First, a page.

But, there was still a glaring omission: Where were the consumer groups actually focused on dealing with the spam problem? Where were the blacklists? How come CAUCE wasn't on a panel?

These are the groups actively fighting behind the scenes to preserve email. Working across countries, across boundaries, to solve the spam problem. The blacklists work hard to identify bad actors (often at significant personal legal liability), enabling receiving sites to more easily reject unwanted mail. Not everybody agrees with their methodology, and not everybody agrees with their goals. That's OK-- the same can be said of just about anybody else who was represented at the event. That doesn't mean they don't deserve a seat at the table.

That seat is important, for two simple reasons. One, so they can educate the rest of us of their point of view and all the valuable information they have. Two, so we can educate them. Put everybody in as room, get them to listen to each other, and something rubs off in both directions – usually for the better.

By not including CAUCE, or any of the blacklist groups like Spamhaus, SURBL, NJABL, PSBL, etc., in any of the panel discussions, we all lost out on that opportunity.

I'm very disappointed.

Blacklist notifications? Think again.

Infacta's "Messaging Times" posted a generally good article today on what you should be doing to minimize blacklistings. Except...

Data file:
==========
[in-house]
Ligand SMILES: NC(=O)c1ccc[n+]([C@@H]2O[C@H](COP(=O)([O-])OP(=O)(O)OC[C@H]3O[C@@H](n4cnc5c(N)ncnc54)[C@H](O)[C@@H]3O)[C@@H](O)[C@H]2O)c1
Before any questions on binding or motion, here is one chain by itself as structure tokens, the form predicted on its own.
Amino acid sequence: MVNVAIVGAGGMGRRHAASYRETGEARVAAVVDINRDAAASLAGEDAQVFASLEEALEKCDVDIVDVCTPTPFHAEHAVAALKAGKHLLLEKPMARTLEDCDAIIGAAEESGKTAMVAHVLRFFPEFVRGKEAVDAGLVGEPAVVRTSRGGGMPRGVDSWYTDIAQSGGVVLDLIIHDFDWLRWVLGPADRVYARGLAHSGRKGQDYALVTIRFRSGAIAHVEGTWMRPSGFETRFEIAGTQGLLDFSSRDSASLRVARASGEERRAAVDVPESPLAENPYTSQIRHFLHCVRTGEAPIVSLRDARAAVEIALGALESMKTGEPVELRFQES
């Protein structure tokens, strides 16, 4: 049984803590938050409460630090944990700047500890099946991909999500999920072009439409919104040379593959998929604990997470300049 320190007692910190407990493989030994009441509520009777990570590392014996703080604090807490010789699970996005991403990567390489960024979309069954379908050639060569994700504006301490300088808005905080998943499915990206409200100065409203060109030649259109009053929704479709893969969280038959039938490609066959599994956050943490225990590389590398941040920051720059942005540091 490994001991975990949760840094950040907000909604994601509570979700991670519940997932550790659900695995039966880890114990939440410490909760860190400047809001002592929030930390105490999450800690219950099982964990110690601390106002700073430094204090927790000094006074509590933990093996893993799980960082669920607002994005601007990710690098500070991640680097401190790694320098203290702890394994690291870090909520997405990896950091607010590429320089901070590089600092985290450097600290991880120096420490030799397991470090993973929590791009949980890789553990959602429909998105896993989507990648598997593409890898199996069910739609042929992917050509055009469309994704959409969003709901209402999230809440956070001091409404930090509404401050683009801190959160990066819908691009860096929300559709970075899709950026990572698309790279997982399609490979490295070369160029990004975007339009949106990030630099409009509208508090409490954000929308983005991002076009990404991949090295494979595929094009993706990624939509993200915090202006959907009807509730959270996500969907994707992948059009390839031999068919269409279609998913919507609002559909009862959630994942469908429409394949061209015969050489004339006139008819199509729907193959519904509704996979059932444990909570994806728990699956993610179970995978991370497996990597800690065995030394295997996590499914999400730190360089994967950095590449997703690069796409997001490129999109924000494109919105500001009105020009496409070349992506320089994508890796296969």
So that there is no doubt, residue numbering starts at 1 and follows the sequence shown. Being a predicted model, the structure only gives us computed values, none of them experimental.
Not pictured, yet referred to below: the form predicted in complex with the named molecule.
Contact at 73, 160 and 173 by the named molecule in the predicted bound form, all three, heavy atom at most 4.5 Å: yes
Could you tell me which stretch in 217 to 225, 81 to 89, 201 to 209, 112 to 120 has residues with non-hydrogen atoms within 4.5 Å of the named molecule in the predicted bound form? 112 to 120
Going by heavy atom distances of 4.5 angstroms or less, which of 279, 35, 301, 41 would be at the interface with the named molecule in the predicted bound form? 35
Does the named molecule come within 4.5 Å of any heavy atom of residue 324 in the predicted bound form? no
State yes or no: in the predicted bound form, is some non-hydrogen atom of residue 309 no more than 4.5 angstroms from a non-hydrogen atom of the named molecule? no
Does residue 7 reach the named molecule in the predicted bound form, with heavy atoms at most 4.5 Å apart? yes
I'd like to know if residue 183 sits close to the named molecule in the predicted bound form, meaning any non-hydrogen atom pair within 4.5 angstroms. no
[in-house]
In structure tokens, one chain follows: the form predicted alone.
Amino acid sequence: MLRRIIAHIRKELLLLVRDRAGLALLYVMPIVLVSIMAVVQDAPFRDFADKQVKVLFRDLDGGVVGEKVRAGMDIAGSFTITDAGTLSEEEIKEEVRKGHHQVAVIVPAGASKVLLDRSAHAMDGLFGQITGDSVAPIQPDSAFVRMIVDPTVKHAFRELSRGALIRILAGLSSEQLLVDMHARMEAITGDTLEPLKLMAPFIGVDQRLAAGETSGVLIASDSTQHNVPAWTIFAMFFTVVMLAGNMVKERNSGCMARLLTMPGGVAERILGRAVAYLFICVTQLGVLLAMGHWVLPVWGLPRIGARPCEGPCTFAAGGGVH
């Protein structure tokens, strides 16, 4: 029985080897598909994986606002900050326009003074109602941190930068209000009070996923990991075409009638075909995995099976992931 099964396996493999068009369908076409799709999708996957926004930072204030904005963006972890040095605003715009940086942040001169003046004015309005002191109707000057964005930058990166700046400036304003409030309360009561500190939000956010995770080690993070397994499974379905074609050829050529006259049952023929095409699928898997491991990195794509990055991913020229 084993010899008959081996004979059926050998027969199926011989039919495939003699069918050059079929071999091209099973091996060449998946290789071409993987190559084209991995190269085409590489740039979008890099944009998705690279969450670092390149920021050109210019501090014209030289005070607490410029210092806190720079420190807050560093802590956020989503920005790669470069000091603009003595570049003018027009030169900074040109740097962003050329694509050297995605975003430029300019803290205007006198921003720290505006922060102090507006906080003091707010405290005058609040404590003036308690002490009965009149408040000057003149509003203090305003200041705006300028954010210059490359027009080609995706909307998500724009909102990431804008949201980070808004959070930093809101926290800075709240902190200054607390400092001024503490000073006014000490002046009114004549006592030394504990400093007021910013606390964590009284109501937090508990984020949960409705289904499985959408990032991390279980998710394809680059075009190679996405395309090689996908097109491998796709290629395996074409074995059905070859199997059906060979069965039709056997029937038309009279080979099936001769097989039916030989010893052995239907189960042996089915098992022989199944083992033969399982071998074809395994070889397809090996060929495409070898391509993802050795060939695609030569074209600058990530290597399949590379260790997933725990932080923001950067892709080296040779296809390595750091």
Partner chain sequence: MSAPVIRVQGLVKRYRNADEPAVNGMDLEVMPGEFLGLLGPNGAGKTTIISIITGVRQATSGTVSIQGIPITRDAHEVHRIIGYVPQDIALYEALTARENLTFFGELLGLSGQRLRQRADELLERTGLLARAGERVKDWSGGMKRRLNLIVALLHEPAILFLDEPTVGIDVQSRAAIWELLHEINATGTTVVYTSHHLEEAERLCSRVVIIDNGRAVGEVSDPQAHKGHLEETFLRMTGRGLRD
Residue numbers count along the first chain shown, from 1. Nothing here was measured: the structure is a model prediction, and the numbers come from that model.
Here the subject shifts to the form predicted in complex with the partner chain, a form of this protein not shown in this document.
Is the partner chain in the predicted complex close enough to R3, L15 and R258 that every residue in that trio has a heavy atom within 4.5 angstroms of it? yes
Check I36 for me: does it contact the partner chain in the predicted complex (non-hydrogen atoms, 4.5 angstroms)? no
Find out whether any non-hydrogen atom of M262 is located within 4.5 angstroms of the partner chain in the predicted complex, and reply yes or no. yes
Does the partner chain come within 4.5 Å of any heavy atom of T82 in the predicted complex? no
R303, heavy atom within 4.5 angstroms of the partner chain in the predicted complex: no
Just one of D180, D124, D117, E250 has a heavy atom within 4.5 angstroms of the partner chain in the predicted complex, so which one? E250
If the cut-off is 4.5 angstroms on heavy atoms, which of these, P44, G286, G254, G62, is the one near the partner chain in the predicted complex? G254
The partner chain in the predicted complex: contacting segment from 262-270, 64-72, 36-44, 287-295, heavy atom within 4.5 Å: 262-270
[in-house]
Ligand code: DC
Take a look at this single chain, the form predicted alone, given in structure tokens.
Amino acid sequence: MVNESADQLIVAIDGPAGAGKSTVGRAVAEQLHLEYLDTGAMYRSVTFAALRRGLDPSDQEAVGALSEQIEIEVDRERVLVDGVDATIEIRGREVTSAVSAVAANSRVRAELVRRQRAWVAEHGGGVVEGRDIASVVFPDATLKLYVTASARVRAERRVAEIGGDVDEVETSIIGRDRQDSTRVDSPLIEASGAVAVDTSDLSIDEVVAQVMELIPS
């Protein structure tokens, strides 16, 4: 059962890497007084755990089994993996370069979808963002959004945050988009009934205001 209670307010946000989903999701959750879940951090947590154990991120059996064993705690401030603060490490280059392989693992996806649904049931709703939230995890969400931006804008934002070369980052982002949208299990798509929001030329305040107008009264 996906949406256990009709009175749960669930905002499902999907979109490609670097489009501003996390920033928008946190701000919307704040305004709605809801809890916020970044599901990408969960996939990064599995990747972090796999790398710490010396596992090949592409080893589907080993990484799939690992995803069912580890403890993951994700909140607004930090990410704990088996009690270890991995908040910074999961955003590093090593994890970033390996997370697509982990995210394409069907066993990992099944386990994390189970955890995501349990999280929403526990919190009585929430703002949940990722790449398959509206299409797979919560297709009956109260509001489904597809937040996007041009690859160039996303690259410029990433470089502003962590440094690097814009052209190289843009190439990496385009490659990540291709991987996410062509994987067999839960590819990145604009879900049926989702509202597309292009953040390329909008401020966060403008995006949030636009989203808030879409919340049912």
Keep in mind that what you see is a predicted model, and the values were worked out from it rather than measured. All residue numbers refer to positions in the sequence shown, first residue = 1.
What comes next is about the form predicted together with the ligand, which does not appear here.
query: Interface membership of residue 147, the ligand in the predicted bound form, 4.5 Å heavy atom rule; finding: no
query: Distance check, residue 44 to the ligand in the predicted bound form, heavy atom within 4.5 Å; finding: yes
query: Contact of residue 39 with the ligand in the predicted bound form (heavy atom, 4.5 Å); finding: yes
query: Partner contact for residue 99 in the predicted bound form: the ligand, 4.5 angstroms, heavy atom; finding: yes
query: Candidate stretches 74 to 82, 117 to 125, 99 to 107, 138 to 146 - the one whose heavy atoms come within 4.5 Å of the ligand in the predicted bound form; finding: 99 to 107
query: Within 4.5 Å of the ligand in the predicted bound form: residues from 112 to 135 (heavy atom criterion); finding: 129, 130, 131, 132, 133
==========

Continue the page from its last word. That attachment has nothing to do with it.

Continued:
The article posits that "blacklist agents" should "contact senders that were reported prior to listing them with a plain-English explanation of what was reported and give them an opportunity to respond appropriately prior to being blacklisted. This process should be clear with instructions that are easy to follow."

Whoa. This is untenable on every possible level. Why?
  • The vast majority of this spam is coming from forged addresses, overseas IPs, or infected machines (or all of the above). Notification to the listee is far from trivial and it will send bogus notifications to the wrong person 99% of the time. It is not worth it just to notify the 1% person who is actually reading his postmaster/abuse mailbox and speaks English.
  • It just doesn't scale. Consider: My tiny random site receives, on average, ten thousand spams each day. Of the (approximately) 807,998 spams I've received since March 10, they came to me from 532,958 unique IP addresses. You expect me to send out over five hundred thousand notifications? Now explode that out exponentially to the real levels that blacklists deal with (which reveal my volumes to be puny).